As the automotive industry tries to start a once-in-a-generation revolution, we can expect more moral grandstanding
According to the Cambridge dictionary, “virtue signalling” is “the popular modern habit of indicating that one has virtue merely by expressing disgust or favour for certain political ideas or cultural happenings.” Its vacuity is everywhere, from the “greenwashing” that sees corporations signal fictitious climate change policies that they might meet equally empty ESG claims; to Donald Trump issuing a posthumous pardon for Susan B. Anthony when, well, you know what he likes to grab. Closer to home, pretty much anything that comes out of Justin Trudeau’s mouth is feigned righteousness. It is, in the finely chosen words of my crochety old man — may you rest in peace, you wise old bugger — the very worst of moral grandstanding.

In the automotive world, it is automakers touting their EV efforts even as they continue to flood the market with gas-guzzling pickups. It’s European politicians pushing diesel’s CO2-reduction benefits when they were perfectly aware that the oil-burners they were promoting were emitting life-threatening carcinogens. It is, if you believe Edward Niedermeyer, author of Ludicrous: The Unvarnished Story of Tesla Motors, Tesla using diesel generators to power Supercharger stations, their exhaust — in a quote that perhaps sums up everything wrong with Musk-ian exaggeration — “mingling with the unmistakable smell of bullshit.” Moral grandstanding, indeed.

We may have now exceeded even those depths of bandwagon-jumping, however. Just travel with me all the way to the Netherlands, and the Eindhoven University of Technology, where it is claimed that 35 students have invented, according to CNET at least, a “car that cleans the atmosphere while driving.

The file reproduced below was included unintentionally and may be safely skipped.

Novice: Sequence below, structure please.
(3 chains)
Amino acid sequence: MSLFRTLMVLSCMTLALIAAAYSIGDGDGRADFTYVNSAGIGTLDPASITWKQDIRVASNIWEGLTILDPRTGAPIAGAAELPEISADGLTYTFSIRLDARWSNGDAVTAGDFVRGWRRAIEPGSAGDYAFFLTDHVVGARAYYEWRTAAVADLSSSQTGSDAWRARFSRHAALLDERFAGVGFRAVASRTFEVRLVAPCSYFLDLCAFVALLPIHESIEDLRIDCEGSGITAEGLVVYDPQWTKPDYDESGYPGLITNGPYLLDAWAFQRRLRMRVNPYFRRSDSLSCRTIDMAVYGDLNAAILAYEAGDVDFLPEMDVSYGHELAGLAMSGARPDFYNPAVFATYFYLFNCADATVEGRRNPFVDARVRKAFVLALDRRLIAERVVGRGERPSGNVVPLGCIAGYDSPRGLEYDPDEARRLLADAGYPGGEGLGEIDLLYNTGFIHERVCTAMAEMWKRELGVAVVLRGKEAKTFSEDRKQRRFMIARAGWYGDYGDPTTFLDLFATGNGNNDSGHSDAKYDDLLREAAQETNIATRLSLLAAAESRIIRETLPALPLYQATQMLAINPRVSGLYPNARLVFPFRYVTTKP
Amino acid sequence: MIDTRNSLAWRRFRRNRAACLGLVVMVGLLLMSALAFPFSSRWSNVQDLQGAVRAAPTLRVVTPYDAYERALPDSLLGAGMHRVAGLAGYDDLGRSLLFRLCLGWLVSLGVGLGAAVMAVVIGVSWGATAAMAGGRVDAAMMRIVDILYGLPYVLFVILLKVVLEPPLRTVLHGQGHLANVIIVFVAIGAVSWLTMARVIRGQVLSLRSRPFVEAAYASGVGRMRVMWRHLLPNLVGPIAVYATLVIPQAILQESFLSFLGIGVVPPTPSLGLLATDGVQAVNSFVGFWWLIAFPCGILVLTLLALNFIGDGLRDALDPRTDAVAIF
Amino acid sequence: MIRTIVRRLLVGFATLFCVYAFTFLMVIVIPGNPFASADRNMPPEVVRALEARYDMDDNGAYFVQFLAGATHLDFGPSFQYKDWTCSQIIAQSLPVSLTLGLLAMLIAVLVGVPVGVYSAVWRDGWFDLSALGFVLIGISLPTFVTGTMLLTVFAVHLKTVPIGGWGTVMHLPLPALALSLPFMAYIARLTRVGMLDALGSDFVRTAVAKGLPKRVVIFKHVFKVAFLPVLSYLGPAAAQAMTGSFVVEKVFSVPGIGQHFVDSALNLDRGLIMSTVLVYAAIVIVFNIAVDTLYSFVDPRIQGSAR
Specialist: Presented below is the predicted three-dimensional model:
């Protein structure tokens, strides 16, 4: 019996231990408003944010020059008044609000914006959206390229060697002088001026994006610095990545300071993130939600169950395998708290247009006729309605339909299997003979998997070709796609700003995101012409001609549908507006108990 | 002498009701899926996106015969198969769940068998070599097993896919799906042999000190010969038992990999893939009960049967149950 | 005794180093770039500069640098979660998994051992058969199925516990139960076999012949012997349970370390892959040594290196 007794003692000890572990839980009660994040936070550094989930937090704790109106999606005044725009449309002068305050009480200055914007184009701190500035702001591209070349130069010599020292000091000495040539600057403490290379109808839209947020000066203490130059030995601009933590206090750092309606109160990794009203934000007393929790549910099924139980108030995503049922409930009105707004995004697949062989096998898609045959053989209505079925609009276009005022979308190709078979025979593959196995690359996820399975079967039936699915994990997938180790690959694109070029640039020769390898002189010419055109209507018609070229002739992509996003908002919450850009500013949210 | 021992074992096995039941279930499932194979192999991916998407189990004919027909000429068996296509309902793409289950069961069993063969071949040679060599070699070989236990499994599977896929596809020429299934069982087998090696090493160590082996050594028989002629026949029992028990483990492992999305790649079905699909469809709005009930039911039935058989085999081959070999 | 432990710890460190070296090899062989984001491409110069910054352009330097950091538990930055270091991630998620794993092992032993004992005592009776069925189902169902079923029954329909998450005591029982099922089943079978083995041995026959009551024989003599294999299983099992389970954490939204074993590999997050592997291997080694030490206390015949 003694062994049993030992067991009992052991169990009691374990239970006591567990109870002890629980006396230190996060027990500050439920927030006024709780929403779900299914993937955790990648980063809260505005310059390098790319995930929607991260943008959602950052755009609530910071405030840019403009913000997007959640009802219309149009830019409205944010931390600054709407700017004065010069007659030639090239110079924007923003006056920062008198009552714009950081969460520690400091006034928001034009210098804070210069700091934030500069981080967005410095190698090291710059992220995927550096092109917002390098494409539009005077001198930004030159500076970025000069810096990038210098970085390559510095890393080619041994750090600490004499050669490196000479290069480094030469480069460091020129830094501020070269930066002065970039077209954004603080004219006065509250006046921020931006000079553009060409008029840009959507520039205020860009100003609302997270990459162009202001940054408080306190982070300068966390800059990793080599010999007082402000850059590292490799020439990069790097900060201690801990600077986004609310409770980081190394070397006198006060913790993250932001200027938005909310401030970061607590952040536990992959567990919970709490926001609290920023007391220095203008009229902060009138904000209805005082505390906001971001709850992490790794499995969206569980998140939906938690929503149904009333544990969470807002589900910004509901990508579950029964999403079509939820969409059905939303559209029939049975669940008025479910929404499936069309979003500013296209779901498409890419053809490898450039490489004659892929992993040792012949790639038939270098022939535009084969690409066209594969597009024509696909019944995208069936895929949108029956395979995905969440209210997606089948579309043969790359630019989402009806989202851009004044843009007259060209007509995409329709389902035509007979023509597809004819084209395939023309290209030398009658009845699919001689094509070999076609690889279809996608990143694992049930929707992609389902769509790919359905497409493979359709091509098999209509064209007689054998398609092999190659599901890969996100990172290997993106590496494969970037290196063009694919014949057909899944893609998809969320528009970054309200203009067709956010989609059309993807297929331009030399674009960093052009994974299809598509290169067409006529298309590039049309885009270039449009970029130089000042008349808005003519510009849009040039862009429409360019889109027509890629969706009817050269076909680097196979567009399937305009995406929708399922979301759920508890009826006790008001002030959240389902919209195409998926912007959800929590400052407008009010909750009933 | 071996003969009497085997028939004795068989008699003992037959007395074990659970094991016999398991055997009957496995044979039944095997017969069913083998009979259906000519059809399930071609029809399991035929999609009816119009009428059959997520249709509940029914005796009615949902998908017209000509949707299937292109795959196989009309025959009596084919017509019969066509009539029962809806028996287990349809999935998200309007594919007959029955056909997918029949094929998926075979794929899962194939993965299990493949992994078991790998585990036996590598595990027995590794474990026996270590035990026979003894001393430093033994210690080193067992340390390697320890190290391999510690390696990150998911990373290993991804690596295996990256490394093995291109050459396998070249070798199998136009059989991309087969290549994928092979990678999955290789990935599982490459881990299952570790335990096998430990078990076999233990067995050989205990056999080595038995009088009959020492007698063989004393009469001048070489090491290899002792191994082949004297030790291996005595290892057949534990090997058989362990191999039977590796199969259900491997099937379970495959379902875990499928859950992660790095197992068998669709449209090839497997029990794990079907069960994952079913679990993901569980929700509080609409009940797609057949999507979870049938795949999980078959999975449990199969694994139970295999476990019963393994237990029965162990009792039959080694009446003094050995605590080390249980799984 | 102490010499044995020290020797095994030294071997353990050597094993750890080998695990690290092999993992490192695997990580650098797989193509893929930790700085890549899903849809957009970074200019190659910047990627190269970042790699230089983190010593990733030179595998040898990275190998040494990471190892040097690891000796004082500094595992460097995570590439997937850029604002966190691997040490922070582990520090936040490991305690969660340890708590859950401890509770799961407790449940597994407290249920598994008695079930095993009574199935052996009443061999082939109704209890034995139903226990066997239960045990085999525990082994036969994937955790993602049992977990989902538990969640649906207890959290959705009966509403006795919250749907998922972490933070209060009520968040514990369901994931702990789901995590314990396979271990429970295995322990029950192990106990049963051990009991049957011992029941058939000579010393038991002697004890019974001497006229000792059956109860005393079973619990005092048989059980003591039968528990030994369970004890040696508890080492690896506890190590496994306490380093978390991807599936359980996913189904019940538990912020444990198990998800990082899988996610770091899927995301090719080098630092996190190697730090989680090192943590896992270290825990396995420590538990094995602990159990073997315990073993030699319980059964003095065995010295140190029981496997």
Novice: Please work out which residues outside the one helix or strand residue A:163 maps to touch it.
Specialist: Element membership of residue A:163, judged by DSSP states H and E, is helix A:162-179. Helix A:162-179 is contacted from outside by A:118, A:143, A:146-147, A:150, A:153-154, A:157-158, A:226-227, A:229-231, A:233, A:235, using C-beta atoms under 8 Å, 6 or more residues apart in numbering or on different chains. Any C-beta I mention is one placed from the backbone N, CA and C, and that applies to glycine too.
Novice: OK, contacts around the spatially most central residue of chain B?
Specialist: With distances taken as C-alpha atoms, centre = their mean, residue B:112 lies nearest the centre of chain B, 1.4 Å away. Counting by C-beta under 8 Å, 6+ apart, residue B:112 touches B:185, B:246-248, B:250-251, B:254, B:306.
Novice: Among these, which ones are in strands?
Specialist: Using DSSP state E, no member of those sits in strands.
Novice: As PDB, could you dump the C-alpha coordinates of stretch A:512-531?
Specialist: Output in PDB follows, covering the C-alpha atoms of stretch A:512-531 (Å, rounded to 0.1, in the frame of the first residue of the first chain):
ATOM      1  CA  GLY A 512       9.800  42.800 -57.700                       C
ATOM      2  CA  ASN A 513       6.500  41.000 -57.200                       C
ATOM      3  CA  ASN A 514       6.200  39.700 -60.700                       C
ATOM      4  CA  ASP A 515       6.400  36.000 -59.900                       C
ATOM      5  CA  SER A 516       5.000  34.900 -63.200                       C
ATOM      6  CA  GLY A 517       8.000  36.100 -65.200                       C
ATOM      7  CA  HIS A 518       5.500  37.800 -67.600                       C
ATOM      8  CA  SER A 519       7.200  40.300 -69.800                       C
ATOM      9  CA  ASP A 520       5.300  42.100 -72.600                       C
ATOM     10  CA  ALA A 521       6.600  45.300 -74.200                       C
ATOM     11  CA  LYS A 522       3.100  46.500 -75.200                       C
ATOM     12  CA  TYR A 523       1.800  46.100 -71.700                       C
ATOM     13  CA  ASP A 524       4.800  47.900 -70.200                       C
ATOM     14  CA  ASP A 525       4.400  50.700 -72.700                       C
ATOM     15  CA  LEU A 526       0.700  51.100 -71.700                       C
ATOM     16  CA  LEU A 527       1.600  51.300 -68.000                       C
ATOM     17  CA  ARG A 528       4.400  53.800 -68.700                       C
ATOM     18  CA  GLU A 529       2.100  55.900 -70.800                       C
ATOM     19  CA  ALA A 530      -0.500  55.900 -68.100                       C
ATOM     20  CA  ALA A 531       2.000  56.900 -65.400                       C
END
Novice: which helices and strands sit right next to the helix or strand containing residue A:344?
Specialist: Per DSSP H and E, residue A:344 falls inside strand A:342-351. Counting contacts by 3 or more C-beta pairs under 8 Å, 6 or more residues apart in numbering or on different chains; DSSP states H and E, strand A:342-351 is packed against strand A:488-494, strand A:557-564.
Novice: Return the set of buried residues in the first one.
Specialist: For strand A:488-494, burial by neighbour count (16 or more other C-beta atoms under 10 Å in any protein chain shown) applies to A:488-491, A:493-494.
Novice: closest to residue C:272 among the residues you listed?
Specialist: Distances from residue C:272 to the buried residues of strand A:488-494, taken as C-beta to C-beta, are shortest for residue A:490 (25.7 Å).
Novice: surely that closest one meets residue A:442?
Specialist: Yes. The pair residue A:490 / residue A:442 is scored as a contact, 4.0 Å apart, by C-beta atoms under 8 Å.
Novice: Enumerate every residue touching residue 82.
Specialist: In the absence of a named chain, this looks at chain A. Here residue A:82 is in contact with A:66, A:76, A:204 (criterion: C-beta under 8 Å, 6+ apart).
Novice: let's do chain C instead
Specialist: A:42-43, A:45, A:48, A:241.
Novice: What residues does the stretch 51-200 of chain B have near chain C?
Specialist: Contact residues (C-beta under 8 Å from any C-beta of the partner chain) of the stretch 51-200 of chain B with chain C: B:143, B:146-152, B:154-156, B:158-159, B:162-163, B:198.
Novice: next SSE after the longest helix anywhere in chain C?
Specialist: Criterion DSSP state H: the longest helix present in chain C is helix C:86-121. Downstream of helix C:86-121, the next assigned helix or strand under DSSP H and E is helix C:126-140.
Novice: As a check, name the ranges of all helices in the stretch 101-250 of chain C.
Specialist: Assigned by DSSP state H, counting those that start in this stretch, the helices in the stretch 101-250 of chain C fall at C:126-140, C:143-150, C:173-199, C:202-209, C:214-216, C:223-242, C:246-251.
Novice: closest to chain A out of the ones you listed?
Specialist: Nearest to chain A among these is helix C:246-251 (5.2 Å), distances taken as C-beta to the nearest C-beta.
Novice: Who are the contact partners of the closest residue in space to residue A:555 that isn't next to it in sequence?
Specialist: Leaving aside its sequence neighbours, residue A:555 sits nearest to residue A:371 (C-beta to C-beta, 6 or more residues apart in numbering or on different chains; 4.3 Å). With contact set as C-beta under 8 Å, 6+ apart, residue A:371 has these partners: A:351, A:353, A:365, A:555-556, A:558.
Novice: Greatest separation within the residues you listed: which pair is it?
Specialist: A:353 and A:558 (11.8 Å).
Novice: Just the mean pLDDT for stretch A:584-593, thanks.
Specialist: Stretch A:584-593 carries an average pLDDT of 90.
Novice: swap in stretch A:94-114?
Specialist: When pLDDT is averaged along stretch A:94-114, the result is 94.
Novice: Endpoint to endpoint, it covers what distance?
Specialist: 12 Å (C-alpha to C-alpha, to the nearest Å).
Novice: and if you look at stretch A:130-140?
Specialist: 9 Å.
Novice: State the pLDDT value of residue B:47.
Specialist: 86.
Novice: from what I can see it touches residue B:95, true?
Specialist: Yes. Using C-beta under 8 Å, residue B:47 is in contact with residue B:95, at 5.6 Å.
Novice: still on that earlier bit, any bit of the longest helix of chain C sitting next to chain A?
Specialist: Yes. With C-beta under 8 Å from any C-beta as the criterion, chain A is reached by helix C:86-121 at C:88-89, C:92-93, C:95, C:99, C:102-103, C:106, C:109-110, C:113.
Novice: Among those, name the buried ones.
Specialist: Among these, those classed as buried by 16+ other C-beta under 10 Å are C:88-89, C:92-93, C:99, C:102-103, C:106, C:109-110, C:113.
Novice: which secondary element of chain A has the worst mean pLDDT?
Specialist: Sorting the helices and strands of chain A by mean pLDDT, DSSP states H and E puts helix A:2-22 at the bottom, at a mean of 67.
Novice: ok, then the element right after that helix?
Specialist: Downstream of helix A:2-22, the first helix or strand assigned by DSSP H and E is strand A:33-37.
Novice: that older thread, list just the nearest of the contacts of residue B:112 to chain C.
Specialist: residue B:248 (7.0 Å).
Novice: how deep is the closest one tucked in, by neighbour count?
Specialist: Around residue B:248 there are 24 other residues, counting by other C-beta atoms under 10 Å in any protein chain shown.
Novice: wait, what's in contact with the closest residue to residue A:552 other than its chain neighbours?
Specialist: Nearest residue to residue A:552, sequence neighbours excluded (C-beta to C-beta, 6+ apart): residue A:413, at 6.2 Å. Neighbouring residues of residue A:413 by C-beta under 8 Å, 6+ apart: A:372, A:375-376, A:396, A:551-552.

On the face of it, it would seem the ultimate in climate-change mitigation. Marry one electric car — and its zero tailpipe emissions — with two carbon-capture devices in the front grille, and presto, you have every environmentalist’s wet dream. The goal, says Louise de Laat, leader of the TU/ecomotive team, is to make the Zero Emissions Mobility (ZEM) carbon-neutral throughout its entire life cycle.

Except, as Mad About You’s Paul Reisner used to say to Helen Hunt, “Not so much.”

Just as an exercise in incredulity, let’s compare the amount of carbon dioxide such a car might capture; to how much CO2 is actually produced in the manufacture of a zero-emissions electric vehicle. For this we’ll turn to Volvo, which, to its great credit, provides the most detailed analysis available regarding how much greenhouse gases electric vehicles create in their lifetime.

According to the Carbon Footprint Report for its fully-electric C40 Recharge, about 18 metric tonnes of CO2 are emitted in the production of the BEV’s hard parts. Everything from the melding of aluminum, steel, and plastic that makes up the C40’s chassis; to the electronics that power its hardware contribute to its footprint.

But that’s not all. Producing its lithium-ion battery creates another seven metric tonnes of carbon dioxide. Throw in another 1.4 tonnes produced by the actual manufacturing facility, and you have 26.4 metric tonnes of CO2 that would need sequestering (that’s roughly twice as much as required to manufacture an ICE-powered XC40, by the way).*

A little basic math reveals that, at an emission rate of 0.0000625 kilograms of CO2 per kilometre — that’s the ZEM’s rated two kilos every 32,000 klicks — Eindhoven’s car would have to travel about 422 million miles to sequester all of those 26.4 tonnes of CO2. And that’s if we assume that all the charging stations were powered by windmills; it’d be closer to 800 million miles if they were hooked up to the typical electricity grid.

If removing CO2 from the air were viable, we wouldn’t need EVs—we’d just remove the carbon, re-refine it back into gasoline, and create a virtuous net-zero circle